Germany’s Left Party loses parliamentary faction as rival left-wing party led by Wagenknecht rises

Sahra Wagenknecht arrives for the first press conference of the new political movement 'Stand Up' in Berlin, Germany, Tuesday, Sept. 4, 2018. Wagenknecht is co-faction leader of the German Left Party as well. (AP Photo/Michael Sohn)
By Dénes Albert
3 Min Read

Since midnight on Tuesday, the German Left party no longer has a parliamentary faction in the Bundestag. The left-wing party, which was founded in 2005 and still had nearly 12 percent of the vote in 2009, is losing hundreds of thousands of euros in funding.

The Left achieved only 4.9 percent in the 2021 parliamentary elections, which normally would have left the party unable to enter parliament, but three of its candidates also won direct seats, allowing it to form a parliamentary faction despite falling short of the 5-percent threshold,

After a year and a half, however, the party’s problems have only grown worse, according to Hungarian news outlet At the party congress in June 2023, its leadership openly distanced itself from the dissident Sahra Wagenknecht, who was also called on to resign her seat. She has since signaled she will form her own rival party, with polling showing it will spell the end of the Left party.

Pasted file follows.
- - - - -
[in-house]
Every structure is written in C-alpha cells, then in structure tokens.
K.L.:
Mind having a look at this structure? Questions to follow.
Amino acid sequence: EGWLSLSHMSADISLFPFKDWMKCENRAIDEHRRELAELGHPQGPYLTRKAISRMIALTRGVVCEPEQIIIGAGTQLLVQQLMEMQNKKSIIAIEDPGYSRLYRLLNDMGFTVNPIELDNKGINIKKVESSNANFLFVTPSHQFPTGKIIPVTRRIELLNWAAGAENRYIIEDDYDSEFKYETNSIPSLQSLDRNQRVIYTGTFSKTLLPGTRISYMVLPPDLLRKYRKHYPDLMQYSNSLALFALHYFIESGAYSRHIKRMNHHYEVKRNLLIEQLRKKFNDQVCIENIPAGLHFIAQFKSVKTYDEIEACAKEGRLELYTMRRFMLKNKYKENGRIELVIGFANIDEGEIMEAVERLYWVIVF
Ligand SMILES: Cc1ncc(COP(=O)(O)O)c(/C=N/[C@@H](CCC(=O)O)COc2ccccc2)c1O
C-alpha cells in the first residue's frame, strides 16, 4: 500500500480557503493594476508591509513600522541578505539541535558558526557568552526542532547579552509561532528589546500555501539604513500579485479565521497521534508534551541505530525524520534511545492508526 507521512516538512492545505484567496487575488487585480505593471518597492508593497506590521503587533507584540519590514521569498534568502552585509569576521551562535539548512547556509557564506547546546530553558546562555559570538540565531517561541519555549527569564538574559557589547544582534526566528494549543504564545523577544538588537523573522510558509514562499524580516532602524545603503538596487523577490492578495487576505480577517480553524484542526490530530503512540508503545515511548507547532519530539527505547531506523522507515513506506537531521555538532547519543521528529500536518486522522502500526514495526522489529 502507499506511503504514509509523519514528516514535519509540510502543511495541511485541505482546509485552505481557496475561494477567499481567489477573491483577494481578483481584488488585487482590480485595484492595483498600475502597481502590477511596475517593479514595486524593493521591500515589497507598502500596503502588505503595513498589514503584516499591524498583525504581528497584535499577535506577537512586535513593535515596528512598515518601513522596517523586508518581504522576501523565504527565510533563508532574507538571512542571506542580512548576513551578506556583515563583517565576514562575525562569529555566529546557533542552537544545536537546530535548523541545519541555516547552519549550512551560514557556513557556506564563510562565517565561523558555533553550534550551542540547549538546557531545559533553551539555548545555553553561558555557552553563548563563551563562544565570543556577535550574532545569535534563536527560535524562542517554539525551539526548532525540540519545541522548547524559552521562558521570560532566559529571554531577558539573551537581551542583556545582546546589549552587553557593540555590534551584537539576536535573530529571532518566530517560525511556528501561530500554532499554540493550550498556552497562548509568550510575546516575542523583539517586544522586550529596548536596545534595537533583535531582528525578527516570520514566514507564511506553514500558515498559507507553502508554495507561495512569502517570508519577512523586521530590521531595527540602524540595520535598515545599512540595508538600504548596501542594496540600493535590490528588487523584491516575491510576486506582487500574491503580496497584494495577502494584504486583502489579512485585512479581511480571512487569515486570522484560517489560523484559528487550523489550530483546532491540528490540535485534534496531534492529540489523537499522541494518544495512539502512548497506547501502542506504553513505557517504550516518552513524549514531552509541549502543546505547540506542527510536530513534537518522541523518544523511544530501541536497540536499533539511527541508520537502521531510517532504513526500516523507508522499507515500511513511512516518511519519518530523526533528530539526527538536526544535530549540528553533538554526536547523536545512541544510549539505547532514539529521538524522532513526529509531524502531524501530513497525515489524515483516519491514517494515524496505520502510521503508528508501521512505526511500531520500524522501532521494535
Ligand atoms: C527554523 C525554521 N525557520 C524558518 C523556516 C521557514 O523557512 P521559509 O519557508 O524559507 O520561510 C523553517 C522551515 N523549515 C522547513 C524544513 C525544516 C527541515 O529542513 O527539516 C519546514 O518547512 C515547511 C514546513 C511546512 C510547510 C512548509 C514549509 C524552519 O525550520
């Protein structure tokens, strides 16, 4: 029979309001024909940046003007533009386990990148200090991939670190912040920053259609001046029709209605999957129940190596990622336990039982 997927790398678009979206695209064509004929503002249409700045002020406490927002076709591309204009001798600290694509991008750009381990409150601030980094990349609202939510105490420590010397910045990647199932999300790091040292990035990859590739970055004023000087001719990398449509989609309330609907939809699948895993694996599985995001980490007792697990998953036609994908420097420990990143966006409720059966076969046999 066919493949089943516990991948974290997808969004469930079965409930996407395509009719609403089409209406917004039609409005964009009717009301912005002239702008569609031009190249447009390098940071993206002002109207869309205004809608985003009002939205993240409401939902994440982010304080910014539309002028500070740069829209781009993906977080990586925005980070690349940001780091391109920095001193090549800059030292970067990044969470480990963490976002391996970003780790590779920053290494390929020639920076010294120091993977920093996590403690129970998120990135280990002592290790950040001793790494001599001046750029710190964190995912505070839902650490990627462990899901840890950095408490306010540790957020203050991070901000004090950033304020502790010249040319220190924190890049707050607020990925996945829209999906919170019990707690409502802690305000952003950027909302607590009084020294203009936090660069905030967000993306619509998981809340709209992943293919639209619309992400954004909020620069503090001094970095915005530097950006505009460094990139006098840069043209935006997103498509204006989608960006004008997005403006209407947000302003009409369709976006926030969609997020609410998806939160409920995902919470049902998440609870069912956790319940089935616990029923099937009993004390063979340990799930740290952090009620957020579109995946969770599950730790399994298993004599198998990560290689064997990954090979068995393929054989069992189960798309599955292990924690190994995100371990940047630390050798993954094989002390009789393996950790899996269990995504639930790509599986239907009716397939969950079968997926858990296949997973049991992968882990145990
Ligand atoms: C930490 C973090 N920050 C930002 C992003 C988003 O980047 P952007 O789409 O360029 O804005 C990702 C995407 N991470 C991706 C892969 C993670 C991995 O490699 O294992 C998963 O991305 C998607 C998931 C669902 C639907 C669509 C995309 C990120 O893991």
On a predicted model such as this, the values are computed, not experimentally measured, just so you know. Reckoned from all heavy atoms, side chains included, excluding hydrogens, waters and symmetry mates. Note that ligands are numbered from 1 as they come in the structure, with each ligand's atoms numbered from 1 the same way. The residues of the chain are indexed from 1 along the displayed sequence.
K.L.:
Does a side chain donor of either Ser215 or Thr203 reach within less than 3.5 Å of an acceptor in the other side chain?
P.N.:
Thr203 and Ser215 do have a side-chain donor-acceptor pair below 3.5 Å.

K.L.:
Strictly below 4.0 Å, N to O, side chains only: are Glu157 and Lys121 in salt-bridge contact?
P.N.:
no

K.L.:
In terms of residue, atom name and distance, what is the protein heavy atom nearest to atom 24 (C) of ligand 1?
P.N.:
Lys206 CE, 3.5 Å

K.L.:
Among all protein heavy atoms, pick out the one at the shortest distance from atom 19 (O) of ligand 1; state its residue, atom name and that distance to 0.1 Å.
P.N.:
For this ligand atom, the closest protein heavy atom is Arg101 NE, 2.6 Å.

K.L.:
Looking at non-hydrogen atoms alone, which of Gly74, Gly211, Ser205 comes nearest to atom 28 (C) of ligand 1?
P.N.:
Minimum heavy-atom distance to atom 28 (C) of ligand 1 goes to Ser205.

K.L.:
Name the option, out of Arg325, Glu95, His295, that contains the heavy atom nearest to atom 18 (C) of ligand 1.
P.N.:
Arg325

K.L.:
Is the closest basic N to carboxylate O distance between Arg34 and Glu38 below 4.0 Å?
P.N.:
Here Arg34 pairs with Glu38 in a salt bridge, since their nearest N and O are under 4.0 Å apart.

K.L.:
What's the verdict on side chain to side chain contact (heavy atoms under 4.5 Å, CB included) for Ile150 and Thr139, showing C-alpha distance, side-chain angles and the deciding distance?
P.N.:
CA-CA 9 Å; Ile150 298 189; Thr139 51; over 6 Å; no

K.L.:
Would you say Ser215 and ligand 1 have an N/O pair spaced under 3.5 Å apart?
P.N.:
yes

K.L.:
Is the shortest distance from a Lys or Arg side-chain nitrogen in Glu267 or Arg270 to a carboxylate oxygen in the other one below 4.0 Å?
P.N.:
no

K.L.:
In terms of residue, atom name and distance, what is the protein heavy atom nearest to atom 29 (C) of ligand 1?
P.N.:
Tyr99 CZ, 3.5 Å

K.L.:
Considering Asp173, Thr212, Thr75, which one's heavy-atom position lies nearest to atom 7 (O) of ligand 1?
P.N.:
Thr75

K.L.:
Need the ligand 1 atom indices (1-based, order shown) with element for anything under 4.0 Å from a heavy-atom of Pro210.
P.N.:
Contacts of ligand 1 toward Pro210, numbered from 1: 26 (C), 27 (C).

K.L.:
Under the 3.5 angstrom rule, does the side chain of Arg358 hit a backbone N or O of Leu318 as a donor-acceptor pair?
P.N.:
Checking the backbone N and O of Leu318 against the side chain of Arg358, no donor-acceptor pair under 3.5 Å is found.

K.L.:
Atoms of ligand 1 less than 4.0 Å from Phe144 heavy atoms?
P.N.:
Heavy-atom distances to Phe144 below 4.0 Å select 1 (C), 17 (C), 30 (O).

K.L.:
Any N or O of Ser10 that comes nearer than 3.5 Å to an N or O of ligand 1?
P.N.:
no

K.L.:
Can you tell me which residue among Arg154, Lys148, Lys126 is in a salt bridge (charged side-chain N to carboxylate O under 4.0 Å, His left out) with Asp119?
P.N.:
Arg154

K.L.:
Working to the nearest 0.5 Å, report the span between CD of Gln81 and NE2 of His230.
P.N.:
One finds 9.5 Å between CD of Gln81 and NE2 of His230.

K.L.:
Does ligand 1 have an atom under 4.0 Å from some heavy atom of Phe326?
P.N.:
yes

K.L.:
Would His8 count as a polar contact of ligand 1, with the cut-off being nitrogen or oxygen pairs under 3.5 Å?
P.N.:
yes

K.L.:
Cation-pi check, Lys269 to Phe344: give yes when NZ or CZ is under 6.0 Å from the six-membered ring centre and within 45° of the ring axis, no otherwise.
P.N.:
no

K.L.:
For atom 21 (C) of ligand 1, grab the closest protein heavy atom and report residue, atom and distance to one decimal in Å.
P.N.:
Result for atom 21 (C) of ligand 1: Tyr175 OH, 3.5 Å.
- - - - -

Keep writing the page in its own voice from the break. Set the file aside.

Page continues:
[pp id=68346]

Amira Mohamed Ali, the Left Party’s co-party leader, announced on Aug. 6 that she would not stand for re-election because she could no longer represent the party leadership’s policies. A week and a half later, the other group leader, Dietmar Bartsch, did the same.

Wagenknecht, who had been engaged in a heated debate with the mainstream left on identity policy issues, had previously only hinted at founding her own party, but in October she finally announced the launch of a new formation in January.

Wagenknecht is also popular with right-wing AfD voters. Her party, which does not even exist yet, was already polling at 14 percent in October, with most of her voters jumping from the AfD and the Left Party to hers. Wagenknecht could become a major political factor as early as next year, with three regional elections in eastern Germany.

[pp id=96362]

Ten MPs of the dissolved Left Party group have switched to members of the new parliamentary group, the “Sahra Wagenknecht Alliance,” while the other 28 will remain members of the Left Party faction.

The break-up is particularly painful for Left Party members who remained with their party, since they will now only be a “faction,” which not only have fewer rights than parliamentary groups under the Budnestag rules, but can also claim less budgetary support.

Share This Article